How to SSH tunnel through AWS Systems Manager to access private VPC resources

Agaile Victor

How awesome is to access either a MongoDB or MySQL deployed in a VPC network locally using MongoDB Compass or MySQL Workbench ?

Yah! you heard me correctly.

At this point you might think that, how is it possible to tunnel to another resource within VPC directly from your local machine?

Log story short, Yes its possible with the help of AWS Systems Manager Session Manager.

I am working on an interesting project which involves lots of integrations where AWS Lambda functions and a document database (MongoDB) are deployed in two separate VPC networks. We are using VPC peering to establish connection between the lambda functions and MongoDB. It is a tiring job for the developers to connect through the Bastion Host or Jumpbox to query something from the Database. Mentioned below is the diagram for a better understanding of the scenario.

Before talking about the solution let’s have a look at the AWS Systems Manager Session Manager in a nutshell. Thanks to AWS for the wonderful documentation.

What is AWS Systems Manager Session Manager?

Session Manager is a fully managed AWS Systems Manager capability that lets you manage your Amazon Elastic Compute Cloud (Amazon EC2) instances, on-premises instances, and virtual machines (VMs) through an interactive one-click browser-based shell or through the AWS Command Line Interface (AWS CLI). This capability means that Session Manager tunnels real SSH connections, allowing you to tunnel to another resource within your VPC directly from your local machine. A managed instance that you create acts as a bastion host, or gateway, to your AWS resources. So, what are the benefits of having this configuration:

Increased Security: This configuration works with only one Amazon Elastic Compute Cloud (Amazon EC2) instance (the bastion host) with outbound port 443 connecting to Systems Manager infrastructure. This allows you to use Session Manager without any inbound connections. The local resource needs to allow inbound traffic only from the instance acting as bastion host. Therefore, there is no need to open any inbound rule publicly.

Ease of use: You can access resources in your private VPC directly from your local machine.

Enough talk, lets start working

In order to perform SSH operations from your local host to the remote cloud asset, you will need to perform the following setup steps.

In this tutorial we assume that Systems Manager Agent is installed and configured on your EC2 instance and created the user with necessary permissions. Also make sure you have the private key to perform the SSH.

We will focus on changing the SSH config which will do the magic for us.

Install latest AWS CLI:

An updated command line interface is required on your local host in order to use these new Session Manager features.

Install the Session Manager Plugin:

This plugin allows the AWS cli to launch Session Manager sessions with your local SSH client.

Update local host SSH config:

The tricky portion of this setup involves altering your local host SSH configuration in order to proxy commands through the AWS session manager for any aws ec2 instance-i.

For Linux:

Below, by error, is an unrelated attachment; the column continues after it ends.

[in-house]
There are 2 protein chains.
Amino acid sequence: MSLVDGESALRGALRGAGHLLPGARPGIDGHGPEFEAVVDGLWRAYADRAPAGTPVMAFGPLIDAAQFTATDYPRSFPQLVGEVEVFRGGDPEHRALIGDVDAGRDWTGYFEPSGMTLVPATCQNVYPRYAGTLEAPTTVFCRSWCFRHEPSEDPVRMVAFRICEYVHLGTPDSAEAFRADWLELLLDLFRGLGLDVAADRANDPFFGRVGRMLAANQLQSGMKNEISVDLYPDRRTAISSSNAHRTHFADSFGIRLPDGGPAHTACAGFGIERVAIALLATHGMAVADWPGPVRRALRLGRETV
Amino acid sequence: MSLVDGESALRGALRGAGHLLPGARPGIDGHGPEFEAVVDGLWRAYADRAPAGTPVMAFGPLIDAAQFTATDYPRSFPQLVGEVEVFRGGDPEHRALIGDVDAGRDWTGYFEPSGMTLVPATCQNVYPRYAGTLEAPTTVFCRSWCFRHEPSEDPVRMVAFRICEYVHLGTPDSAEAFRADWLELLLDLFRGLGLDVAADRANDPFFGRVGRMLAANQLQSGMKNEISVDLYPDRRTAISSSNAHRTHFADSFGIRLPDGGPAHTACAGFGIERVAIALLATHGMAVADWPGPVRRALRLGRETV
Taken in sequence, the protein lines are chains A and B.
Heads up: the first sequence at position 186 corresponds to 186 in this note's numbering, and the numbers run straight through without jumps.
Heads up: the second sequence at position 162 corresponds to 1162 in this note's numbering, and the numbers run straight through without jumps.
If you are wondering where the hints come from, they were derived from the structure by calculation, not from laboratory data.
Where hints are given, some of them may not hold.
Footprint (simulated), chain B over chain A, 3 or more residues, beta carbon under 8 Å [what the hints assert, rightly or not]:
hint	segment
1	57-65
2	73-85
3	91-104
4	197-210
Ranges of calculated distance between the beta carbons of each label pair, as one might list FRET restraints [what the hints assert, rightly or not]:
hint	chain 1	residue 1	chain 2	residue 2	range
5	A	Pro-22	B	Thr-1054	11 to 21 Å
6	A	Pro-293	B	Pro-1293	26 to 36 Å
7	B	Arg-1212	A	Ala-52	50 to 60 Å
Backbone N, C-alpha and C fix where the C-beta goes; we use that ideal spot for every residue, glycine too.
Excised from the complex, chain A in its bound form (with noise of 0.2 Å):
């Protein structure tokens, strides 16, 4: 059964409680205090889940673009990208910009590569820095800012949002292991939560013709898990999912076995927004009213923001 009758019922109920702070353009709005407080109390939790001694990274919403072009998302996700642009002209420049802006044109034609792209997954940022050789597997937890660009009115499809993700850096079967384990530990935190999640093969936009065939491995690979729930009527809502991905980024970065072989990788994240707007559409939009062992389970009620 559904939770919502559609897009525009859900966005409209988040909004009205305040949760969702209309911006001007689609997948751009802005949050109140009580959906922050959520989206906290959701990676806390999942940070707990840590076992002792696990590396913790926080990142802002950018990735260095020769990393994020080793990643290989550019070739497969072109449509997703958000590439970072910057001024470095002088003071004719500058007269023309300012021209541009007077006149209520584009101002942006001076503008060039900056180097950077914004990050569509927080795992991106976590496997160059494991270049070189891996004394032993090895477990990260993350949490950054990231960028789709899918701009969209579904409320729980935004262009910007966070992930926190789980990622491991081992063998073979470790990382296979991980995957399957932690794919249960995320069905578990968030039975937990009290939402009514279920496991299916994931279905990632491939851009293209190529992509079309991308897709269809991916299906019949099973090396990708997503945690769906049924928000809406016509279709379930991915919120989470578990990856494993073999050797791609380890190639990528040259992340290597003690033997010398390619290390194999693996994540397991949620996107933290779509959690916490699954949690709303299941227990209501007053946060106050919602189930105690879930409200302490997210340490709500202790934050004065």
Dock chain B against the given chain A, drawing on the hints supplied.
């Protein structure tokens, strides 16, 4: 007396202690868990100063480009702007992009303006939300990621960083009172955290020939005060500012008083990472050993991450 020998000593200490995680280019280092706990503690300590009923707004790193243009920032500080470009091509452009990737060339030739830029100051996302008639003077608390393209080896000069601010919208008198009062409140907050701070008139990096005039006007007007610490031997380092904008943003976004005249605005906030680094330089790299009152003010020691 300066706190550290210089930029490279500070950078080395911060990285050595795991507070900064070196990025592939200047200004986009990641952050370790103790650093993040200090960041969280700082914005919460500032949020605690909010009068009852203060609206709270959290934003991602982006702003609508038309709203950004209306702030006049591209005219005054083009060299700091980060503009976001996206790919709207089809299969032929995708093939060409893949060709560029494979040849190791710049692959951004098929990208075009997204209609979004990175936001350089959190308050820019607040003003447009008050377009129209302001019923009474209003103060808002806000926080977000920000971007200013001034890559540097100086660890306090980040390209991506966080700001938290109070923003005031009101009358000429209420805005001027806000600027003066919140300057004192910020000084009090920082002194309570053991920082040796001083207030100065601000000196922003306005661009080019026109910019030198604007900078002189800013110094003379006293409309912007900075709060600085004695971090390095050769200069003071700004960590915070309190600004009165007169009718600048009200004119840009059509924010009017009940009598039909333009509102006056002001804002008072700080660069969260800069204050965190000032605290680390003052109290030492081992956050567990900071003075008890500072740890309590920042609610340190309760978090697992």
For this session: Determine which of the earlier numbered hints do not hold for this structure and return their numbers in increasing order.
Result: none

You will typically find your SSH config file at ~/.ssh/config
Add the following to the SSH config file:

# SSH over Session Manager

host i-* mi-*

ProxyCommand sh -c "aws ssm start-session --target %h --document-name AWS-StartSSHSession --parameters 'portNumber=%p'"

For Windows:

You will typically find your SSH config file at C:\Users\username.ssh\config though the .ssh directory will not exist until ssh has been used.
Add the following to the SSH config file:

# SSH over Session Manager

host i-* mi-*

ProxyCommand C:\Windows\System32\WindowsPowerShell\v1.0\powershell.exe "aws ssm start-session --target %h --document-name AWS-StartSSHSession --parameters portNumber=%p"

Once these steps are complete, you can now initiate SSH and SCP connections to your cloud instance directly from your local machine. Obtain the instance-id of the target instance, yes its the instance-id not the hostname. SSH can be performed as normal using the instance-id as the hostname.

Now we can create a tunnel from your local machine to access a MongoDB database running on a private EC2 instance using the SSM host as a bastion host.

From a local machine (for example, your laptop), run the SSH command to connect to instance1, using Session Manager-based SSH. This command establishes a tunnel to port 27017 on instance2, and presents it in your local machine on port 9999

ssh -i /path/key-pair_instance1.pem [email protected] -L

In the aforementioned example, port 9999 is an available port on the local machine. From the local machine, access the database using the available port used in our example, 9999.

Now open the MongoDB Compass and create a new connection with below mentioned connection string.

mongodb://username:[email protected]:9999/databasename

These connections are secured by IAM access and generate cloudtrail events for logging and monitoring. While immutable infrastructure is a desired goal for multiple reasons. Many will find themselves with a need to access or alter systems running live. The AWS Systems Manager Session Manager allows this capability without the need for additional firewall ingress or bastion hosts.

Agaile Victor

A Full Stack Software engineer in Kuala Lumpur, Malaysia with a passion of writing code to solve complex issues.

You may also like...

%d bloggers like this: